41. 41. The method of claim 40, wherein prior to deployment of the implant to the first region of tissue, the implant is in a rolled or folded configuration within the lumen of the catheter.
  42. 42. The method of claim 41, wherein the implant is configured to unroll or unfold when the implant is deployed from the catheter.
  43. 43. The method of claim 38, wherein deploying the implant from the catheter comprises using a pusher to advance the implant through the catheter.
  44. 44. The method of claim 38, wherein the catheter comprises an expandable member.
  45. 45. The method of claim 44, wherein prior to deployment of the implant to the first region of tissue, the implant is supported by the expandable member.
  46. 46. The method of claim 45, wherein deploying the implant from the catheter to the first region of tissue comprises expanding the expandable member.
  47. 47. The method of claim 45, wherein prior to deployment of the implant to the first region of tissue, the implant is disposed between a sheath and the expandable member.
  48. 48. The method of claim 47, wherein deploying the implant from the catheter to the first region of tissue comprises withdrawing the sheath.
  49. 49. The method of claim 44, wherein the expandable member comprises a balloon.
  50. 50. The method of claim 44, wherein the expandable member comprises a shape-memory material.
  51. 51. An implant comprising:
    a support; and
    a plurality of anchor portions extending from the support,
    wherein the plurality of anchor portions comprise at least three anchor portions having a non-linear relationship with respect to each other, and the implant is configured to secure to a first region of mitral valve tissue.
  52. 52. The implant of claim 51, further comprising a tether.
  53. 53. The implant of claim 52, wherein the mitral valve tissue comprises an annulus, and the tether is configured to be pulled proximally to reduce the circumference of the mitral valve annulus.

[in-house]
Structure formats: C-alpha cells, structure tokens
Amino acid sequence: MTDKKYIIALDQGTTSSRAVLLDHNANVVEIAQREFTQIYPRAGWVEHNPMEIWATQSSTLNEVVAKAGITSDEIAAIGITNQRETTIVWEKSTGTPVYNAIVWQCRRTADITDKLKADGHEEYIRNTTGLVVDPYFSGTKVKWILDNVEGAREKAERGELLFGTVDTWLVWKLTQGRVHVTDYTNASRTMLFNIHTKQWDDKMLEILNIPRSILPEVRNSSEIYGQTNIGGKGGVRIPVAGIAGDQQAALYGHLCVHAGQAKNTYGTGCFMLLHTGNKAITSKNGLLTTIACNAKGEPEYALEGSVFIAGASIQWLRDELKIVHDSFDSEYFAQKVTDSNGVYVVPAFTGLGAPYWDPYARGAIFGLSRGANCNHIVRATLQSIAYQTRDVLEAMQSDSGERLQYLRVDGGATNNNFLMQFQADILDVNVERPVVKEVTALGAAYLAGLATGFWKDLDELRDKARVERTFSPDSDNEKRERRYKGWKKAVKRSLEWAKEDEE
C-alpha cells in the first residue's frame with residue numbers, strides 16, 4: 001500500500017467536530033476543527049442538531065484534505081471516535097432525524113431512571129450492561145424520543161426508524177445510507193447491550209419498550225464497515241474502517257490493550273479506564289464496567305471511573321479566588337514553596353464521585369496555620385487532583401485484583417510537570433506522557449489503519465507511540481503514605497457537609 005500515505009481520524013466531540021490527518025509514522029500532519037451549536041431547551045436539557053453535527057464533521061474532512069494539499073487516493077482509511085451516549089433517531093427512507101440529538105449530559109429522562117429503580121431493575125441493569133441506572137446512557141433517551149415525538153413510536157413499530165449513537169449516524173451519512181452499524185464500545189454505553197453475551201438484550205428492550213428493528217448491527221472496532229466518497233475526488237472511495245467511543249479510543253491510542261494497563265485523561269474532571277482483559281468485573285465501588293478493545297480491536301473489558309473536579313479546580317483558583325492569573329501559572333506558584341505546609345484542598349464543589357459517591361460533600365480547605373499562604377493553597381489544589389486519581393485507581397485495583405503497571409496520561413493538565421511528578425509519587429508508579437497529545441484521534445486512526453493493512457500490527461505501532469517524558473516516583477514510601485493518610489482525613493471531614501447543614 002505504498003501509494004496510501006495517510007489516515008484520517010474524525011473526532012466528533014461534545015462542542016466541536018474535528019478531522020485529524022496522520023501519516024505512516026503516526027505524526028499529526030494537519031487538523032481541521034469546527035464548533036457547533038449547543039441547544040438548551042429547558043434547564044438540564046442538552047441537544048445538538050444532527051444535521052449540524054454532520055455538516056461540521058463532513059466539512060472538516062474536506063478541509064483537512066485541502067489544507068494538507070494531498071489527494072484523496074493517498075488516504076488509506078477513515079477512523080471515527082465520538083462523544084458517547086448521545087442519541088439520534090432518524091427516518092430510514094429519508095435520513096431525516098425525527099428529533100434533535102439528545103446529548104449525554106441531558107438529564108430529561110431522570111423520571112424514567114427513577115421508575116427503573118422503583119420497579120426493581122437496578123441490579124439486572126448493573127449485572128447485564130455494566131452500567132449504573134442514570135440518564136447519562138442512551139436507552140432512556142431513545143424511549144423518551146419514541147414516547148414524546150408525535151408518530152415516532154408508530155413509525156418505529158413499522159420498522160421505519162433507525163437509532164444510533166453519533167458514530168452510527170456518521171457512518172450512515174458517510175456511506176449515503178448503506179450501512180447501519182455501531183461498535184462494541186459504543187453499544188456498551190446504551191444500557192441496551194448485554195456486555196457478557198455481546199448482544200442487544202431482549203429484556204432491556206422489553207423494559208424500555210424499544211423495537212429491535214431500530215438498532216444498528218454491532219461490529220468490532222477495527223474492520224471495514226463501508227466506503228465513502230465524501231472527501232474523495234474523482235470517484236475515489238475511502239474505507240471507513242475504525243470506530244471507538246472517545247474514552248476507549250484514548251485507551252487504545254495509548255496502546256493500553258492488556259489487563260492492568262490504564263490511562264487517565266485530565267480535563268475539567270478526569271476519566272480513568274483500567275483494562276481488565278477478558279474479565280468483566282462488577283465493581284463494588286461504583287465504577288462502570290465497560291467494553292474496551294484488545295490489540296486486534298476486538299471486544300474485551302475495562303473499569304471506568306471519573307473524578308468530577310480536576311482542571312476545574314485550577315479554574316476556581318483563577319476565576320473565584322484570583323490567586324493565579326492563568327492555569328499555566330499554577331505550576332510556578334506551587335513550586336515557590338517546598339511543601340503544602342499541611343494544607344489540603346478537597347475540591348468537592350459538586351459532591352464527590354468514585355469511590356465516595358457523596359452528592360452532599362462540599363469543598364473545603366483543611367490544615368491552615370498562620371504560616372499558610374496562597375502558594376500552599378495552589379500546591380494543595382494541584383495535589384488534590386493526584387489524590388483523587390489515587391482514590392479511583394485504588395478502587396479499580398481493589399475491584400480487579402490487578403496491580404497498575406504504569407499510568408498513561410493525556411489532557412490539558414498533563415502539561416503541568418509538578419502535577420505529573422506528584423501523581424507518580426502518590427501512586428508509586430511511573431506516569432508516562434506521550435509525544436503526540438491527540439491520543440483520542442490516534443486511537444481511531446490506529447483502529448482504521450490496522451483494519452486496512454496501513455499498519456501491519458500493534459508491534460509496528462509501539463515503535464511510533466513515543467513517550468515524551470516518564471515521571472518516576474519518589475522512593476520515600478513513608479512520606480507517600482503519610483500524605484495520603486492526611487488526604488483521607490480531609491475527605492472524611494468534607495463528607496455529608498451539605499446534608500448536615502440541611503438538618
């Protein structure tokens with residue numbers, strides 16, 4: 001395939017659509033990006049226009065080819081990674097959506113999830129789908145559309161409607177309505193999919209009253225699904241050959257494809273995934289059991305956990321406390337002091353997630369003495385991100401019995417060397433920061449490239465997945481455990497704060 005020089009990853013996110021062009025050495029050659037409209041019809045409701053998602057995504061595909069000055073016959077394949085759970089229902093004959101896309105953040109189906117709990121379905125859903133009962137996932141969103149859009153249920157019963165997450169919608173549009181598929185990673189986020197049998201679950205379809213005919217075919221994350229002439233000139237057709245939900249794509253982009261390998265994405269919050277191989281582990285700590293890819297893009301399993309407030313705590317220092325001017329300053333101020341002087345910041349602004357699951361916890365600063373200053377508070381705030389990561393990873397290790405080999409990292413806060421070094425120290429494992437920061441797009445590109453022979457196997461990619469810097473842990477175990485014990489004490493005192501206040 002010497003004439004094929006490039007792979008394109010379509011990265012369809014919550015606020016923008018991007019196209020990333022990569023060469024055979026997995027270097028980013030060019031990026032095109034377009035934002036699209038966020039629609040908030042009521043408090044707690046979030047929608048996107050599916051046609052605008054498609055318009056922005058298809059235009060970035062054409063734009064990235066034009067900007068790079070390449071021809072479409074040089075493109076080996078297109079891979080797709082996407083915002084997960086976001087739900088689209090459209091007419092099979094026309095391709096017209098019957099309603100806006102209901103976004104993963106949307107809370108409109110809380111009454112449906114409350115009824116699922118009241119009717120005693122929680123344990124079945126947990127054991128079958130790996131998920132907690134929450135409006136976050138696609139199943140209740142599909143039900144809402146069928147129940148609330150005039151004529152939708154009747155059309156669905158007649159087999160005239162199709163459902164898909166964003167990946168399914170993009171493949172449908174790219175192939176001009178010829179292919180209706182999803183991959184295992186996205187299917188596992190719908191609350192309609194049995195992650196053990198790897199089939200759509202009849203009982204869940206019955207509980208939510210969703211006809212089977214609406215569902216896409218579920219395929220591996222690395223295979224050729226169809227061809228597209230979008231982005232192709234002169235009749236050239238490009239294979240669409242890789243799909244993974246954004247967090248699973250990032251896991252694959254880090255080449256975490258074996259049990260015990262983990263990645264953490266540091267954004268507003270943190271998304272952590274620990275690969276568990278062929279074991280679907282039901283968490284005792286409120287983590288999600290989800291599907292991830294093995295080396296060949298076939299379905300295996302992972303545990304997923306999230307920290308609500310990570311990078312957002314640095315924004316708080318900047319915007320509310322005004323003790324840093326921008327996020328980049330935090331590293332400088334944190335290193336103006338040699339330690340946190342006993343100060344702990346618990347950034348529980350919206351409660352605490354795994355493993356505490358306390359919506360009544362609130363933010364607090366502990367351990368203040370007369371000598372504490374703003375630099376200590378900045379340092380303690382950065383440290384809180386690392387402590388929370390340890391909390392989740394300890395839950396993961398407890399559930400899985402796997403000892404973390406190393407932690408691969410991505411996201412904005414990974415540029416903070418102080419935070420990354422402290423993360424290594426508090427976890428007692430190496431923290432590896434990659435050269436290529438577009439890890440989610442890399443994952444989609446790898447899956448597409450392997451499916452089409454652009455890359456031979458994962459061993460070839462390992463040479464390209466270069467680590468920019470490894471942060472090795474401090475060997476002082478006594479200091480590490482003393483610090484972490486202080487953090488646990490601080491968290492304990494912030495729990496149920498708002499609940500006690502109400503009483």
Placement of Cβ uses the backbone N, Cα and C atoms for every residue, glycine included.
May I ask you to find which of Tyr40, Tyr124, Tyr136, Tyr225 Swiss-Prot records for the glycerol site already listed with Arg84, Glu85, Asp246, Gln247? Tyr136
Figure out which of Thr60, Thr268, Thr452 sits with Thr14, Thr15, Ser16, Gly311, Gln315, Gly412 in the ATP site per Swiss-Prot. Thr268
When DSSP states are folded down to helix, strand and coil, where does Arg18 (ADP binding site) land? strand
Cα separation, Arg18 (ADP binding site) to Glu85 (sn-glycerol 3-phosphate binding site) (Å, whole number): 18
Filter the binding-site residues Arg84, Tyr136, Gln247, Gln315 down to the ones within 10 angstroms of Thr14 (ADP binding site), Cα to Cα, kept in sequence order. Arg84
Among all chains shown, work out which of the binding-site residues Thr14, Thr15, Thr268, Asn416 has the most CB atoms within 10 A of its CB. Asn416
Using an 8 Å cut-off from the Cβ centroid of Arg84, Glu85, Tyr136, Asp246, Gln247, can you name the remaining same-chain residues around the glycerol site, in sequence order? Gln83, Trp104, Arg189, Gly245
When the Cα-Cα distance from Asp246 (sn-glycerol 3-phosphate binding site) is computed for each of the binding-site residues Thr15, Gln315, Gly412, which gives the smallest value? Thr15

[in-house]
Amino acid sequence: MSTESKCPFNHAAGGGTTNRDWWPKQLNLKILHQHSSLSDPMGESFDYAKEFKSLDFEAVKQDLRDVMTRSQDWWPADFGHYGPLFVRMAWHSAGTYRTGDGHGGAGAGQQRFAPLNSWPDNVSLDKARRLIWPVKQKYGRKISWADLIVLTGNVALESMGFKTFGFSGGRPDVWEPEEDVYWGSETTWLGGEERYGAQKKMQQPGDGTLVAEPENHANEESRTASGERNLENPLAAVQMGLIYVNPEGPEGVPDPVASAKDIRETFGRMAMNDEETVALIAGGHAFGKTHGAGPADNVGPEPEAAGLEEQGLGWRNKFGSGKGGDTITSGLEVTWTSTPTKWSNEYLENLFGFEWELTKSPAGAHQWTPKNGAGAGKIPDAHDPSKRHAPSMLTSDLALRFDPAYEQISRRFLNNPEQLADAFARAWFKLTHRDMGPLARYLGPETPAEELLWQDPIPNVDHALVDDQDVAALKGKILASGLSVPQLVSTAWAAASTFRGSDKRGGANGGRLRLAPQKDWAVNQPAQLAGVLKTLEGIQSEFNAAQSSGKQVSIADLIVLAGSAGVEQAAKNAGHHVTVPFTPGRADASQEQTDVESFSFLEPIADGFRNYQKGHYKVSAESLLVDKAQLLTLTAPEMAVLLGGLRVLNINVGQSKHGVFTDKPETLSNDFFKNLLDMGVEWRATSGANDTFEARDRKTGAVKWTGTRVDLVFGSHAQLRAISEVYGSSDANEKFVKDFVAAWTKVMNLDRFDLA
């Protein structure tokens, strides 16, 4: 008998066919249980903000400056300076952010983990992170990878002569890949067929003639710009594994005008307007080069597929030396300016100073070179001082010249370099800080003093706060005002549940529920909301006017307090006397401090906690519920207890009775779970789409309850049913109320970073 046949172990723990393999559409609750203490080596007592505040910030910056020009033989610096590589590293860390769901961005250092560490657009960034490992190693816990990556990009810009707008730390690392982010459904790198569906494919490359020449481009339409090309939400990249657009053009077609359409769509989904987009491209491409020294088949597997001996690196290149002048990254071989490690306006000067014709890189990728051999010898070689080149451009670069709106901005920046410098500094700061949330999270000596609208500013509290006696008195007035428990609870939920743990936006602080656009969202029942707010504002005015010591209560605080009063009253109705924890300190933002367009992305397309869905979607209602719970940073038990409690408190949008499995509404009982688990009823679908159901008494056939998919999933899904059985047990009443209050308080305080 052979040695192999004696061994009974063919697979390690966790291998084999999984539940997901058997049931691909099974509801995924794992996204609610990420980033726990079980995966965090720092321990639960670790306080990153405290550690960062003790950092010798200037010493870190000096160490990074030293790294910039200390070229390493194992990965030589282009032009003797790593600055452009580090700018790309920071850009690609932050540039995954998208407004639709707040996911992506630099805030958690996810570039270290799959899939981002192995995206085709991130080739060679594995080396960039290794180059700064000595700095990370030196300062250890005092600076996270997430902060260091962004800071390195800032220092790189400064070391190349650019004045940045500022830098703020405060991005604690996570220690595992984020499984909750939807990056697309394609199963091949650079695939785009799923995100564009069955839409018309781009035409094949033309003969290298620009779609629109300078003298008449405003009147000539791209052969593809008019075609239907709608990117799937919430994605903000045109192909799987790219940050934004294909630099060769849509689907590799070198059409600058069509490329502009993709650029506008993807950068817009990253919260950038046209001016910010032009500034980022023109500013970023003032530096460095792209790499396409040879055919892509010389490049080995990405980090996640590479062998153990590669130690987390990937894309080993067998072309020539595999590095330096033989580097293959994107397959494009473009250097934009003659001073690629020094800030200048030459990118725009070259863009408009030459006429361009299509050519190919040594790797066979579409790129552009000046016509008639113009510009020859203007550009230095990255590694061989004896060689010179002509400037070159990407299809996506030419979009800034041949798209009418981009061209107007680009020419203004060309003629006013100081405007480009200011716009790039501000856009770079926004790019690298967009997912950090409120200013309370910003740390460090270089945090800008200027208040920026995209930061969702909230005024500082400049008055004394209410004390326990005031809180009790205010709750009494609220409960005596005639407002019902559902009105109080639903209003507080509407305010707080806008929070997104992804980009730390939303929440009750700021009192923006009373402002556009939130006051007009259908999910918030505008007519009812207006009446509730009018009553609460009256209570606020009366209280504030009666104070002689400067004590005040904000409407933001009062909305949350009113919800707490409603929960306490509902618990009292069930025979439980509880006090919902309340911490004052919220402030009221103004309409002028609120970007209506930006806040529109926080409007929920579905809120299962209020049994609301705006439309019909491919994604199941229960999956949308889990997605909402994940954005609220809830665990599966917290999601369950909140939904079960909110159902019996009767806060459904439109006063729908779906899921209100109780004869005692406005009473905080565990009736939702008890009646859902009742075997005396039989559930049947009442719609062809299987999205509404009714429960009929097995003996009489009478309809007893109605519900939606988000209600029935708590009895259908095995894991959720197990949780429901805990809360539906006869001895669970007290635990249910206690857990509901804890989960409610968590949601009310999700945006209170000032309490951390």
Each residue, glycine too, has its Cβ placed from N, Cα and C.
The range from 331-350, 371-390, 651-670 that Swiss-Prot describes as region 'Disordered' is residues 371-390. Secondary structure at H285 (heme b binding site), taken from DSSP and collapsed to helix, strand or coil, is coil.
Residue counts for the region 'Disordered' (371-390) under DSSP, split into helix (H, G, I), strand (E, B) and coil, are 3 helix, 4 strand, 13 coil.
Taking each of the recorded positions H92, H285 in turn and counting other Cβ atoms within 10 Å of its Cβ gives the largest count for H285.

54. 54. The implant of claim 51, wherein at least one of the anchor portions is integrally formed with the support.
  55. 55. The implant of claim 51, wherein at least one of the anchor portions is selected from the group consisting of T-tags, rivets, staples, hooks, and clips.
  56. 56. The implant of claim 51, wherein the support comprises a polymer.
  57. 57. The implant of claim 51, wherein the support has a first surface and a second surface that is different from the first surface.
  58. 58. The implant of claim 57, wherein the second surface is opposite the first surface.
  59. 59. The implant of claim 57, wherein the implant comprises a first anchor portion extending from the first surface, and a second anchor portion extending from the second surface.
  60. 60. The implant of claim 51, wherein the plurality of anchor portions comprise a plurality of hooks.
  61. 61. The implant of claim 51, wherein the plurality of anchor portions are configured to secure into heart tissue such that disengagement of at least one of the anchor portions from the heart tissue does not result in disengagement of the implant from the heart tissue.
  62. 62. An implant comprising:
    a support; and
    a plurality of anchor portions extending from the support,
    wherein the plurality of anchor portions form a non-linear array on the support, and the implant is configured to secure to a first region of mitral valve tissue.
  63. 63. The implant of claim 62, wherein the plurality of anchor portions comprise a plurality of hooks.
  64. 64. The implant of claim 62, wherein the plurality of anchor portions are configured to secure into heart tissue such that disengagement of at least one of the anchor portions from the heart tissue does not result in disengagement of the implant from the heart tissue.
US11656141 2007-01-19 2007-01-19 Methods and devices for heart tissue repair Abandoned US20080177380A1 (en)

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CA 2675589 CA2675589A1 (en) 2007-01-19 2008-01-09 Methods and devices for heart tissue repair
JP2009546400A JP2010516333A (en) 2007-01-19 2008-01-09 Method and device for the repair of heart tissue
EP20080705550 EP2144577A1 (en) 2007-01-19 2008-01-09 Methods and devices for heart tissue repair